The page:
Reviews
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Kirkus Reviews,
Booklist, September 2004
Boston Globe, September 2004
Publishers Weekly, September 2004
Washington Post, September 2004
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Summaries
Main Description
Minerva, Minnesota, in 1923 is the picture of Willa Cather-like gentility: the Northern Pacific Railway runs through a town center dominated by church steeples and the Hamilton Creamery and Pop Factory. But Minerva is also a small town of limited opportunity, a place where the status quo is firmly entrenched and rigidly enforced. Against this tableau of midwestern placidity and calm, three Minerva women assert their dignity and independence against all odds. The troubled relationship between young Penny and her mother, Barbara, is getting worse. Disturbed by her mother's affair with the man they clean house for, Penny answers an ad to work for Cora Egan, a Chicago society woman who has fled a bad marriage and intends to raise her child alone on her grandfather's farm. Cora's situation shocks the town, but over time her presence opens a door in Penny's and Barbara's lives. Through these women, Mary Sharratt considers what it takes to reinvent the self, to claim one's true identity. Mary Sharratt's first novel, Summit Avenue, was hailed as a "remarkablel debut . . . [that] weaves dark, evocative fairy tales and passionate longings into an incandescent coming-of-age story" (Publishers Weekly, starred review). Readers interested in feminine archetypes and women in myth will be similarly drawn to Sharratt's newest novel. Exquisite historical detail and emotional resonance infuseThe Real Minerva,an old-fashioned story with a modern spirit.
Main Description
Minerva, Minnesota, in 1923 is the picture of Willa Cather-like gentility: the Northern Pacific Railway runs through a town center dominated by church steeples and the Hamilton Creamery and Pop Factory. But Minerva is also a small town of limited opportunity, a place where the status quo is firmly entrenched and rigidly enforced. Against this tableau of midwestern placidity and calm, three Minerva women assert their dignity and independence against all odds. The troubled relationship between young Penny and her mother, Barbara, is getting worse. Disturbed by her mother's affair with the man they clean house for, Penny answers an ad to work for Cora Egan, a Chicago society woman who has fled a bad marriage and intends to raise her child alone on her grandfather's farm. Cora's situation shocks the town, but over time her presence opens a door in Penny's and Barbara's lives. Through these women, Mary Sharratt considers what it takes to reinvent the self, to claim one's true identity. Mary Sharratt's first novel, Summit Avenue, was hailed as a "remarkablel debut... [that] weaves dark, evocative fairy tales and passionate longings into an incandescent coming-of-age story" (Publishers Weekly, starred review). Readers interested in feminine archetypes and women in myth will be similarly drawn to Sharratt's newest novel. Exquisite historical detail and emotional resonance infuseThe Real Minerva,an old-fashioned story with a modern spirit.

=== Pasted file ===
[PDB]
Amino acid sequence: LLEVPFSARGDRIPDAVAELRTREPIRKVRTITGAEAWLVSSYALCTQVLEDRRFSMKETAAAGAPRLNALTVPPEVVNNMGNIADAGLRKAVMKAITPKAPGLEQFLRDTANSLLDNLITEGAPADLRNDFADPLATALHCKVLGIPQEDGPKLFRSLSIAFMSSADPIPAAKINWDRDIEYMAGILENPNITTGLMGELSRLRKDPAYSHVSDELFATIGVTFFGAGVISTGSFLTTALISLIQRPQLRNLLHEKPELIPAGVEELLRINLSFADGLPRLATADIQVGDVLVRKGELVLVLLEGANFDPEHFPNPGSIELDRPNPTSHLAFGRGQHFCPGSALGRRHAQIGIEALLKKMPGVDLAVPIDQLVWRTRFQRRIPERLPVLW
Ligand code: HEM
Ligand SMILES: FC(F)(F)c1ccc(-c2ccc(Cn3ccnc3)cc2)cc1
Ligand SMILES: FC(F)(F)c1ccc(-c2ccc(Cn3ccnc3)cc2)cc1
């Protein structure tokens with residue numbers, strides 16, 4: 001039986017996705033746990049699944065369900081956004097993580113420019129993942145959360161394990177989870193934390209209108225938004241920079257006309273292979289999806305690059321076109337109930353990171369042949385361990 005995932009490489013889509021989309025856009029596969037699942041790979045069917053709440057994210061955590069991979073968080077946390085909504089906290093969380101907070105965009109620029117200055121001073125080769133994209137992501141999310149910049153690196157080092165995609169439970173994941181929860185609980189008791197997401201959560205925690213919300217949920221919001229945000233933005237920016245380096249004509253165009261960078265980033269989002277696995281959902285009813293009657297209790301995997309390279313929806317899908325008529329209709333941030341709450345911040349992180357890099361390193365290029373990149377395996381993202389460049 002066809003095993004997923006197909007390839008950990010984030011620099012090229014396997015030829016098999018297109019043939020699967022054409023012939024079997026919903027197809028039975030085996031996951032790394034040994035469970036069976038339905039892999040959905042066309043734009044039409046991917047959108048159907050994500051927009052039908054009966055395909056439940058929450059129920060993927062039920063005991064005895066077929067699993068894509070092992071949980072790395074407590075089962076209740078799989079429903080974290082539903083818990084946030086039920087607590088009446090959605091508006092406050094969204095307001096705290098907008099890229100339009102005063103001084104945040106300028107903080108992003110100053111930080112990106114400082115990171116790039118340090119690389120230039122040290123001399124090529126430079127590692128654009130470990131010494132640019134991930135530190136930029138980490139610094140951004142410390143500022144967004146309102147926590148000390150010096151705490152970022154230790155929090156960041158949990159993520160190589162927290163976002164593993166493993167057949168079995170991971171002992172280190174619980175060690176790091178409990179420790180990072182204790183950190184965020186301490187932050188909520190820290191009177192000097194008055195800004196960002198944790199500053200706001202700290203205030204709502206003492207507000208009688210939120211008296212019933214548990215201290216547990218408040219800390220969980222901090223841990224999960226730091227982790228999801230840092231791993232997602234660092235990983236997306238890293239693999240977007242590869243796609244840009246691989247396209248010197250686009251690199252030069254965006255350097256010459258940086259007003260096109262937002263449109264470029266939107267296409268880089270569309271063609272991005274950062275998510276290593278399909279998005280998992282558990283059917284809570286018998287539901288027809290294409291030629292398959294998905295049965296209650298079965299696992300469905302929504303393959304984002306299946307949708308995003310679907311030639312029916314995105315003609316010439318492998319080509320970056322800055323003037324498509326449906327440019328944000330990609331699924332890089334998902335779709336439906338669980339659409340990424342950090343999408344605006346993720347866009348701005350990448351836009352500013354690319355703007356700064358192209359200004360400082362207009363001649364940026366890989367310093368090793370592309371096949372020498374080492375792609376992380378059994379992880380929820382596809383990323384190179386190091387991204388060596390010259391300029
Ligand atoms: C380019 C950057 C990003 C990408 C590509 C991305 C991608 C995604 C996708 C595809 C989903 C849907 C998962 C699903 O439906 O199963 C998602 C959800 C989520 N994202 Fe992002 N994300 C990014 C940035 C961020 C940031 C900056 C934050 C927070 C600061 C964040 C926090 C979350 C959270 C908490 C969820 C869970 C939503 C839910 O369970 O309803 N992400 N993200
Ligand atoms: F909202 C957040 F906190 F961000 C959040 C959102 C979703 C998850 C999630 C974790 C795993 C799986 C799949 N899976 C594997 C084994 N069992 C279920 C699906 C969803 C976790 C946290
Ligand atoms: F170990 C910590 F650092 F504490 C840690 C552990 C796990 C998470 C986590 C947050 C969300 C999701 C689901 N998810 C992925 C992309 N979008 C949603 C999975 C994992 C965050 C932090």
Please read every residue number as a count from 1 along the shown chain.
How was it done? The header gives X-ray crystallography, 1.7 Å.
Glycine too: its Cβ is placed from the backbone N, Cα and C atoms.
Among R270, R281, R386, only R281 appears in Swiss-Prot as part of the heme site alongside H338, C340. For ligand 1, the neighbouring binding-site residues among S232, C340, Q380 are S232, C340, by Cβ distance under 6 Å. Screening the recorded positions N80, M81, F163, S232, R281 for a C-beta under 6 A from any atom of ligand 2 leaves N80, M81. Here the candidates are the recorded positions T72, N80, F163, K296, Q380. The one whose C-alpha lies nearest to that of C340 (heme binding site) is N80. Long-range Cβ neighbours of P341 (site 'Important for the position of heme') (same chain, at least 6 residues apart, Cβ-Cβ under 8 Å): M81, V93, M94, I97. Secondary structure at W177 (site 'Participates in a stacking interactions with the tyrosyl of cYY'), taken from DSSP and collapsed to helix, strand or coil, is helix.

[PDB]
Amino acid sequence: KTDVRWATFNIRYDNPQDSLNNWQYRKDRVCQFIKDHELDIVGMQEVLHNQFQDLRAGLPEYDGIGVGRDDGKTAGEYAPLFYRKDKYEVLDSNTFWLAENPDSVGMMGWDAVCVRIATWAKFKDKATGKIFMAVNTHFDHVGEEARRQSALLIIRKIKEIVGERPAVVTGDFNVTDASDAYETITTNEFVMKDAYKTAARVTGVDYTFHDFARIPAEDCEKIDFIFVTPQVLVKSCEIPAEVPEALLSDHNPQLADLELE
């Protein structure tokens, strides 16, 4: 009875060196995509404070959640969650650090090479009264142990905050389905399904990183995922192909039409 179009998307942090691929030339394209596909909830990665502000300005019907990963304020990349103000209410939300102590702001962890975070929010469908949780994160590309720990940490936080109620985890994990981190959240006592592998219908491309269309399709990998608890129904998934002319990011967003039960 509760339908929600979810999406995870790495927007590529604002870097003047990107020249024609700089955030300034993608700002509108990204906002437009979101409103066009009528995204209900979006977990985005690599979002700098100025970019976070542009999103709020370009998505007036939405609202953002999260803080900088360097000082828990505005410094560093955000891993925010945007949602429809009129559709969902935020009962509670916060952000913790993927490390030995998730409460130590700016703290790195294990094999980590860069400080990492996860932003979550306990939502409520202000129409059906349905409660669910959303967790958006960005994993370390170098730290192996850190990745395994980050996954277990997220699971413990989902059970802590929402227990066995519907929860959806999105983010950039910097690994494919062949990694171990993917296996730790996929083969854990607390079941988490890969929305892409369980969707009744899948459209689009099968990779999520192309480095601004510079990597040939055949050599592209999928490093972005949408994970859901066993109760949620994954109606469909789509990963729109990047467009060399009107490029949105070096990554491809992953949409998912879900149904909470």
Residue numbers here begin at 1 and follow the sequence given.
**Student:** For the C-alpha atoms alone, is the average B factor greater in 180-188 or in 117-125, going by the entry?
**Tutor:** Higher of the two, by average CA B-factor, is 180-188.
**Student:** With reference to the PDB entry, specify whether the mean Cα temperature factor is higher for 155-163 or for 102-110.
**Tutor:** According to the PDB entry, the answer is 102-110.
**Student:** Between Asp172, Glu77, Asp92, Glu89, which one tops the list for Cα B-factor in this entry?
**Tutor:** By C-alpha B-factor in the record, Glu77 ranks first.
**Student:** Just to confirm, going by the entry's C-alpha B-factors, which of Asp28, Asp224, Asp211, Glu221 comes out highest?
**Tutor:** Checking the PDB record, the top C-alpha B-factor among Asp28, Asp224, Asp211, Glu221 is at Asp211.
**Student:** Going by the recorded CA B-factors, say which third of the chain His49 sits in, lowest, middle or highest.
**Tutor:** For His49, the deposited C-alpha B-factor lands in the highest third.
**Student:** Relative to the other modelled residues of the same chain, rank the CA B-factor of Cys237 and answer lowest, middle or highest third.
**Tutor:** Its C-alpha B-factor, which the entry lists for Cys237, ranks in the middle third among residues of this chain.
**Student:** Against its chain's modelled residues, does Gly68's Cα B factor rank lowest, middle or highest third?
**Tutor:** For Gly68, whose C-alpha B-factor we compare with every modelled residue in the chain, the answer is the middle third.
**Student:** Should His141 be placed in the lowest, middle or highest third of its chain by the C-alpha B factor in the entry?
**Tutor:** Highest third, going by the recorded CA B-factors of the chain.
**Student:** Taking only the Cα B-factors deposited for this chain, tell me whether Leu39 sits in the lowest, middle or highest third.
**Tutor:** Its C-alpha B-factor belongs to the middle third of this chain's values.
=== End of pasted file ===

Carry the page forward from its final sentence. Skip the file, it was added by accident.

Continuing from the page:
Main Description
Stunningly detailed, richly plotted, and emotionally engrossing, The Real Minerva is the story of three women forging their own paths in a Midwestern farming community. In 1923, as book-loving Penny enters adolescence, her mother, Barbara, pulls her out of school to send her to work. Destined to become a cleaning woman like her mother, Penny sees no escape from her bleak existence until a scandalous figure arrives in the town of Minerva, Minnesota: Cora, very pregnant, very headstrong, and very alone, has come to make a home on her grandfather's farm. Intrigued by this curious new resident, Penny sets out to work for Cora. Suspenseful and moving,The Real Minerva is a remarkable novel about the strength of women and the unexpected bonds that form between them. Mary Sharratt is the author of the much-acclaimed debut, Summit Avenue, and the forthcoming novel The Vanishing Point. A born-and-bred Minnesotan, Sharratt drew on her mother"s and grandmother"s stories of Minnesota farm life in the early twentieth century for The Real Minerva. She now lives in Lancashire, England.